Want to read Slashdot from your mobile device? Point it at m.slashdot.org and keep reading!


Forgot your password?
Check out the new SourceForge HTML5 internet speed test! No Flash necessary and runs on all devices. ×
Government EU Privacy The Internet Your Rights Online

Sweden May Mandate Opt-in For Cookie Transfer 115

Vitdom writes "The present government in Sweden has published a proposition regarding 'Better rules for electronic communication.' Amongst other proposed amendments, it suggests that websites must inform the user of the 'purpose' regarding each individual cookie transferred to the user's browser upon connection. Secondly, it is suggested that the user must give his consent before the transfer of the cookie in question. The proposition is to be voted by the Swedish parliament on the 18 May this year. If accepted, the law will be in effect in June."
This discussion has been archived. No new comments can be posted.

Sweden May Mandate Opt-in For Cookie Transfer

Comments Filter:
  • Re:Yay (Score:4, Informative)

    by Weezul ( 52464 ) on Sunday May 01, 2011 @02:49AM (#35989052)

    I'll be happy if Sweden just fines Apple a few tens of millions because Safari's cookie management feature simply don't work. "Accept cookies : Only form sites I visit" has basically never worked. And cookies you delete using "Show Cookies" aren't actually deleted either.

  • by kthreadd ( 1558445 ) on Sunday May 01, 2011 @03:09AM (#35989114)

    From what I understand this proposition only covers tracking cookies, not the use of cookies in general.

  • Spyware vs cookies (Score:4, Informative)

    by Adayse ( 1983650 ) on Sunday May 01, 2011 @03:14AM (#35989138) Journal

    I just read the proposal [google.com] and it's purpose, as far as cookies go, is to make spyware illegal to comply with an EU directive. The discussion centers around how to do this without requiring an opt-in for every cookie because cookies are also used to spy on you.

    Third party cookies should be illegal but I very much doubt that this proposal wants to go there.

  • EU directive (Score:3, Informative)

    by Anonymous Coward on Sunday May 01, 2011 @03:29AM (#35989200)

    This is of coursed based on an EU directive [europa.eu]. Not sure why Sweden was singled out.

    Doesn't make it less stipid, but you know... maybe tone down the hyperbole a bit.

  • by Anonymous Coward on Sunday May 01, 2011 @04:06AM (#35989290)

    Always get your information straight from the horse's mouth. The IDG article is pretty clear for people that know the context and understand Swedish, but seem to totally confuse less informed slashdot readers and the really bad slashdot summary make the confusion even worse.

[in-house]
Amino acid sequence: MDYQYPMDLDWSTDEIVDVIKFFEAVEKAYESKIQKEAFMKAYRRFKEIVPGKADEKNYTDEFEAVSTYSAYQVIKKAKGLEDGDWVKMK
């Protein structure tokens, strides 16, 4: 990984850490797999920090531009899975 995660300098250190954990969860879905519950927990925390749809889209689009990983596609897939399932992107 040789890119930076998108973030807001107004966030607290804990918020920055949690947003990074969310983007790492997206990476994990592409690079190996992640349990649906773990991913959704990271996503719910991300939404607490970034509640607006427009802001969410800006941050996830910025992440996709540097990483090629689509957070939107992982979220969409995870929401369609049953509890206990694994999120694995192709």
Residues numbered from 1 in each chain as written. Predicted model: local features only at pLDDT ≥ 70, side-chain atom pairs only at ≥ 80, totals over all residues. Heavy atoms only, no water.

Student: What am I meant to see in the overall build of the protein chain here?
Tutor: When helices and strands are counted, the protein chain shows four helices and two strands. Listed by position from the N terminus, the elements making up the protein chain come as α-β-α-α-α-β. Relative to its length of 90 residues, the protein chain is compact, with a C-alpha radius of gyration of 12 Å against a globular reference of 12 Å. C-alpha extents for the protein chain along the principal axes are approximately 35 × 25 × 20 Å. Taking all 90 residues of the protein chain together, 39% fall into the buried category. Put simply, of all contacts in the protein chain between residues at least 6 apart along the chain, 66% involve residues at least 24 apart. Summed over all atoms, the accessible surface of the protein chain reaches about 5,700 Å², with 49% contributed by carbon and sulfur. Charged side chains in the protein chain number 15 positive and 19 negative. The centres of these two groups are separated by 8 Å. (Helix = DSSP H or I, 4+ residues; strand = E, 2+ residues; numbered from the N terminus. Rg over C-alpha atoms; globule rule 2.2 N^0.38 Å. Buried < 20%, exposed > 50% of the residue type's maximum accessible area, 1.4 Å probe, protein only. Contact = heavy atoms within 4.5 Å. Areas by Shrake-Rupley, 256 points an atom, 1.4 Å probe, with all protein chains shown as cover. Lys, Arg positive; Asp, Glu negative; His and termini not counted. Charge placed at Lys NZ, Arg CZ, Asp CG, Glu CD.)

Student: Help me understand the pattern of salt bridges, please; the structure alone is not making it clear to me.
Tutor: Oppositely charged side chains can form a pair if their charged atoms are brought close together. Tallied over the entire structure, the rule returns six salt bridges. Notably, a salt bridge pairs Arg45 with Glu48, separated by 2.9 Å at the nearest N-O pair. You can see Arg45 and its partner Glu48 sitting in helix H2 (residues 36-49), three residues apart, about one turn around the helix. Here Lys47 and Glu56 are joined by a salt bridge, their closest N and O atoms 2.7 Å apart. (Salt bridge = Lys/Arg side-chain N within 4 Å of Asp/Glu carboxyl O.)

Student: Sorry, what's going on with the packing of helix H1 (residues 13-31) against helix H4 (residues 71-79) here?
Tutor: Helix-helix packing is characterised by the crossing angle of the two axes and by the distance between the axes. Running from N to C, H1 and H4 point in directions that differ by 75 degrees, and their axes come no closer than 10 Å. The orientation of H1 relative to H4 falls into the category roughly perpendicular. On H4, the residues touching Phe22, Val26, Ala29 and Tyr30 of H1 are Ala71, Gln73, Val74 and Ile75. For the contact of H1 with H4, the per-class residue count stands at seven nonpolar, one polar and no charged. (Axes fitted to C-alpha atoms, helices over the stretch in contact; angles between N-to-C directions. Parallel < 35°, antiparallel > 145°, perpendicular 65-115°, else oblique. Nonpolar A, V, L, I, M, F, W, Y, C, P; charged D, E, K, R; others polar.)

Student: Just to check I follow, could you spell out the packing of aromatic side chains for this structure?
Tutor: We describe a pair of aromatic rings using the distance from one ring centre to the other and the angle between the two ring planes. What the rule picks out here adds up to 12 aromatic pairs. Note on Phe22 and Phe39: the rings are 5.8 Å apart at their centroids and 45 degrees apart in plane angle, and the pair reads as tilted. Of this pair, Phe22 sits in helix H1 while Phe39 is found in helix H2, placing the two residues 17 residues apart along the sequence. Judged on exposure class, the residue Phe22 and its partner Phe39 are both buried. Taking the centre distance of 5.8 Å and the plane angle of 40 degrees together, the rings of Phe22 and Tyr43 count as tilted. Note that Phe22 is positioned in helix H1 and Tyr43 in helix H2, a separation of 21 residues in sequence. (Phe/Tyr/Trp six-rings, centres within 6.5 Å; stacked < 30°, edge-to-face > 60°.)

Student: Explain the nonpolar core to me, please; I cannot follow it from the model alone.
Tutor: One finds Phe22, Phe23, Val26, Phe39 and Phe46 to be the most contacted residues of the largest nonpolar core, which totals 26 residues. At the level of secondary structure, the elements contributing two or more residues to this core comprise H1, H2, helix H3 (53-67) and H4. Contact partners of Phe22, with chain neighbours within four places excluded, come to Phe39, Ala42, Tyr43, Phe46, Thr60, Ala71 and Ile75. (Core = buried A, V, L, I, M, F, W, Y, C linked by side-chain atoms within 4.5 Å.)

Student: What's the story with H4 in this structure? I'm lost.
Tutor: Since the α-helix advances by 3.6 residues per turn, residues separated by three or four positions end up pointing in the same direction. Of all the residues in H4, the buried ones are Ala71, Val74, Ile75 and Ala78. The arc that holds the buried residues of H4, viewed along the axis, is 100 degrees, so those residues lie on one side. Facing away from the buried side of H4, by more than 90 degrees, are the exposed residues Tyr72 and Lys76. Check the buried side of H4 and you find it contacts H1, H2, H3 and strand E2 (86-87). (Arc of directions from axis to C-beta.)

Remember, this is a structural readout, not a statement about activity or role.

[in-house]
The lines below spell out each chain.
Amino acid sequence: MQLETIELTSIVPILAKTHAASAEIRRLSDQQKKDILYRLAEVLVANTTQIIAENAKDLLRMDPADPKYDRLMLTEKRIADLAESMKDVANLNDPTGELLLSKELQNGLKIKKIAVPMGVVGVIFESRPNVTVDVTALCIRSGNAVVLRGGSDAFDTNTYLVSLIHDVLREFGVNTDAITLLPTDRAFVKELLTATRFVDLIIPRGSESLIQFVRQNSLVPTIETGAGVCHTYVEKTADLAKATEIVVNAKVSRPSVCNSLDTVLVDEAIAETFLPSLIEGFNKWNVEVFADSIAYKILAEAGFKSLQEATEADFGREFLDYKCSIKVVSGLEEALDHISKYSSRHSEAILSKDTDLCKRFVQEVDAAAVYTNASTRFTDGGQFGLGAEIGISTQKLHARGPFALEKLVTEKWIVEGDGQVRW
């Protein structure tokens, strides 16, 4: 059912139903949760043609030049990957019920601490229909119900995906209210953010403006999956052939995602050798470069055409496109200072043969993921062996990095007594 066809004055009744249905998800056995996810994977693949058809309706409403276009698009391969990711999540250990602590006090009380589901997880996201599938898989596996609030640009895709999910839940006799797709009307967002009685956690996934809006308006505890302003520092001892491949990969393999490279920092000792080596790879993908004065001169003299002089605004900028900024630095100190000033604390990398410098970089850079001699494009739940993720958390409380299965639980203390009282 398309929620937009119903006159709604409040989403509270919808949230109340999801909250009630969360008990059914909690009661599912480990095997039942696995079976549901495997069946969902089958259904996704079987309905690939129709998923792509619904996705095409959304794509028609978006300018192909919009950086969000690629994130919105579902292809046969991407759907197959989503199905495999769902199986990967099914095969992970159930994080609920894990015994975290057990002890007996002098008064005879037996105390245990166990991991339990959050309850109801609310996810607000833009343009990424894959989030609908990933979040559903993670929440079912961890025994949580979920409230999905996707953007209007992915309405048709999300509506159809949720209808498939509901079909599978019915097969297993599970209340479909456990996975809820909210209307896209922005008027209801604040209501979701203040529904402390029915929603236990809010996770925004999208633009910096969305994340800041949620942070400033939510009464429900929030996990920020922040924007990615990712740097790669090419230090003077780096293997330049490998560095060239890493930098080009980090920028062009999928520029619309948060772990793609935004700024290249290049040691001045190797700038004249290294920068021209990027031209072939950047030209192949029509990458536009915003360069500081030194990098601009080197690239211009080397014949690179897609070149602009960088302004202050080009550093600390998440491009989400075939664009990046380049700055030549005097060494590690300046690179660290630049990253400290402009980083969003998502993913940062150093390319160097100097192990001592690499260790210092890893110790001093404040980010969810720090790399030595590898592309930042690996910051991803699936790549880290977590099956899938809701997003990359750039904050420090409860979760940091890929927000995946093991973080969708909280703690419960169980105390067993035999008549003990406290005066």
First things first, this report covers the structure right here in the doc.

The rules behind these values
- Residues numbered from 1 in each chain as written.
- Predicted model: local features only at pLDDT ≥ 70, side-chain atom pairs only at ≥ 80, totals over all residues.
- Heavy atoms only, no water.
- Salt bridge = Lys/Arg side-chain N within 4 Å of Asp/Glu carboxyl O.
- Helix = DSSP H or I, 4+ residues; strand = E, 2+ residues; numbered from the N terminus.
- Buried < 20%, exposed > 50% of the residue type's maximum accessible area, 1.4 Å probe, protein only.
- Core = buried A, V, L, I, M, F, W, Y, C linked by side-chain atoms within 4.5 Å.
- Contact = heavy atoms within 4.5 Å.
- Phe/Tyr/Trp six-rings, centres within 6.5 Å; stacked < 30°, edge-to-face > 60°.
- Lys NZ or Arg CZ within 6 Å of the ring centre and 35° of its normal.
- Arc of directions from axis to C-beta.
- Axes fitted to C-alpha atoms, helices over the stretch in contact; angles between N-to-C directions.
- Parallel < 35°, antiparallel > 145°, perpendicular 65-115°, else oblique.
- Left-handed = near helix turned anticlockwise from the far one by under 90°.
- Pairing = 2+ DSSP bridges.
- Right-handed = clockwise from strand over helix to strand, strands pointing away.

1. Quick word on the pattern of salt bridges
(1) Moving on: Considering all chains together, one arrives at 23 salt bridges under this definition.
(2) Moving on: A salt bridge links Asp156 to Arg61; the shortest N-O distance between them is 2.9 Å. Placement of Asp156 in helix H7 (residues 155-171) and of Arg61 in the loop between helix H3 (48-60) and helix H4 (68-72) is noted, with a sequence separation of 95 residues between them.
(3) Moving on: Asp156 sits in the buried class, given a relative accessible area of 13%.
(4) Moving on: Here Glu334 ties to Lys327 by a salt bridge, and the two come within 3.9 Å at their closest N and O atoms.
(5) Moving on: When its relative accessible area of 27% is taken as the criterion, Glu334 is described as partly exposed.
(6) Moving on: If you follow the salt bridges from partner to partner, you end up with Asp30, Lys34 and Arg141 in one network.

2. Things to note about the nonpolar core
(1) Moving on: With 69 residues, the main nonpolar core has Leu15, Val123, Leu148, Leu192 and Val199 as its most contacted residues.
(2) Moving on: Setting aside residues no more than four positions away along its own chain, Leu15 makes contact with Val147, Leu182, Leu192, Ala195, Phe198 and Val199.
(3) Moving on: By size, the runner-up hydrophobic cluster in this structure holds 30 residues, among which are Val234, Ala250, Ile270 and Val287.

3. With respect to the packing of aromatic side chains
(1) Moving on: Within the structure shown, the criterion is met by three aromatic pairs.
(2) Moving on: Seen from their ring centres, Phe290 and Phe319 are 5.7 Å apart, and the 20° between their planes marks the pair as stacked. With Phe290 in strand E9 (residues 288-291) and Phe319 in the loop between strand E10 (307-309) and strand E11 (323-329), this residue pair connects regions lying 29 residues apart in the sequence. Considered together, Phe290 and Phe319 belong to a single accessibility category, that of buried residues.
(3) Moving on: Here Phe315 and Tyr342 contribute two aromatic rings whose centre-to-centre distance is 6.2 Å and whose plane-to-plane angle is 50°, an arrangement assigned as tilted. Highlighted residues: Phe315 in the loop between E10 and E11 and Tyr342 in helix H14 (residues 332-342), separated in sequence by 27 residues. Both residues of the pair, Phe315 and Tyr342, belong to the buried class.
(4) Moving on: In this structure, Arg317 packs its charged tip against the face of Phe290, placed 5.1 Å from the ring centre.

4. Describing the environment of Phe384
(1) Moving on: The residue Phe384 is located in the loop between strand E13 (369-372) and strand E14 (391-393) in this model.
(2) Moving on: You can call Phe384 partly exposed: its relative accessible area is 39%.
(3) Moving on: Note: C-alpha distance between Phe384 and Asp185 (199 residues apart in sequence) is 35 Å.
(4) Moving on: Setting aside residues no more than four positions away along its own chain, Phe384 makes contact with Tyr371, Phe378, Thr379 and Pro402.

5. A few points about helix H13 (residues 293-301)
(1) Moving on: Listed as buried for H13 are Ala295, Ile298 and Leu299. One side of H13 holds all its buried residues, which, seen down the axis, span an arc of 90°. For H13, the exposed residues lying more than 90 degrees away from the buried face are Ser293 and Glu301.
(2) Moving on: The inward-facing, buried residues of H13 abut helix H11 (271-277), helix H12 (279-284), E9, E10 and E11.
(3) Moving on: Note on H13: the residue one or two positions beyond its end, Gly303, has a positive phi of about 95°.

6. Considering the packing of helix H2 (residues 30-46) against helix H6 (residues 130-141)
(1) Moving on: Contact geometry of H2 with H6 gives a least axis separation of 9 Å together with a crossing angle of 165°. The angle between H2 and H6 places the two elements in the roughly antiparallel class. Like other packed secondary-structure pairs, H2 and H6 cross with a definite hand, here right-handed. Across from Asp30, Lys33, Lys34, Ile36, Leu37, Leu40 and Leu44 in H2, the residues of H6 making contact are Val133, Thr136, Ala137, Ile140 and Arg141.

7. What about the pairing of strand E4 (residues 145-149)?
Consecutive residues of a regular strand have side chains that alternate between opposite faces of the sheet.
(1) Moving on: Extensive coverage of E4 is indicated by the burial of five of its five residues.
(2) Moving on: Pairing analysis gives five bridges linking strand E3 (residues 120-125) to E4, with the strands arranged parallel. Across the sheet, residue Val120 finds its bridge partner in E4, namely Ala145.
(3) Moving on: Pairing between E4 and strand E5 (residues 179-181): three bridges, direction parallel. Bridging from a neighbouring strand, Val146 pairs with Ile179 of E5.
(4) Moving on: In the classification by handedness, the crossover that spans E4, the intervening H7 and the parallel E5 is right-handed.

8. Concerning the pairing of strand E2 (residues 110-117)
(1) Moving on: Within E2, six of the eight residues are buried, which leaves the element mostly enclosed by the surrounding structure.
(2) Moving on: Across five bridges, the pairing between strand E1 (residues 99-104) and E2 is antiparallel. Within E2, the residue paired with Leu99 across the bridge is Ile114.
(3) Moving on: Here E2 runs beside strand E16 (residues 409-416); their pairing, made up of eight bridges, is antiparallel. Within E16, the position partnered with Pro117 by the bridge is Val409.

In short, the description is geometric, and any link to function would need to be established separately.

The proposal is based on an EU directive. Countries that are part of EU must implement all EU directives, or leave EU. Sweden don't have much choice in the matter. (Many other country parliaments implement undesired EU directives the same way as the Devil reads the Bible, Swedes would never do that, that would be dishonest and something a Swede would rather die then do (Swedes are often called the Japanese of Europe, because of cultural similarities), but that is another story.)

    The EU directive in question (sorry about the PDF):

    The Swedish proposal (Google Translate mangles the translation into meaning something entirely different, so I don't give you a Google Translate link, hope you can read Swedish):

  • by Morth ( 322218 ) on Sunday May 01, 2011 @04:48AM (#35989406)

    Here's the change we are discussing (google translate).

    Old text:

    Electronic communications may be used to store or access information that is stored in a subscriber or user-dares terminal equipment only if the subscriber or user of the controller is informed about the purpose of treatment and opportunity to prevent such treatment. This does not prevent such storage or access needed to perform or facilitate the transfer of electronic messages via an electronic communications network or which is necessary to provide a service that the subscriber or user has requested.

    will be changed to:

    Data may be stored in or retrieved from a subscriber or user equipment only if the subscriber or user will have access to information about the purpose of treatment and agree to it. This does not prevent such storage or access needed to transmit an electronic message via an electronic communications network or which is necessary to provide a service the subscriber or user has explicitly requested.

    Not sure I've ever seen such an ambiguous law text.

  • by maxwell demon ( 590494 ) on Sunday May 01, 2011 @07:37AM (#35989842) Journal

    But cookies in general does track users.

    AFAIU "tracking cookie" means a cookie set from a third-party site in order to track you across several sites. The cookies Slashdot uses to keep track of you when logged in are not tracking cookies, because they are only set or read if you are going to Slashdot (at least I hope so). The cookies advertisers set are tracking cookies, because you get them and send them back whenever you go to a page where the advertiser advertises. You can get a cookie at Slashdot, and send it back when visiting the New York Times, or vice versa.

    A simple (but not completely accurate) rule of thumb is: If the cookie comes from a server other than that found in the URL of the site and contains identifying information, then it's a tracking cookie.

In 1750 Issac Newton became discouraged when he fell up a flight of stairs.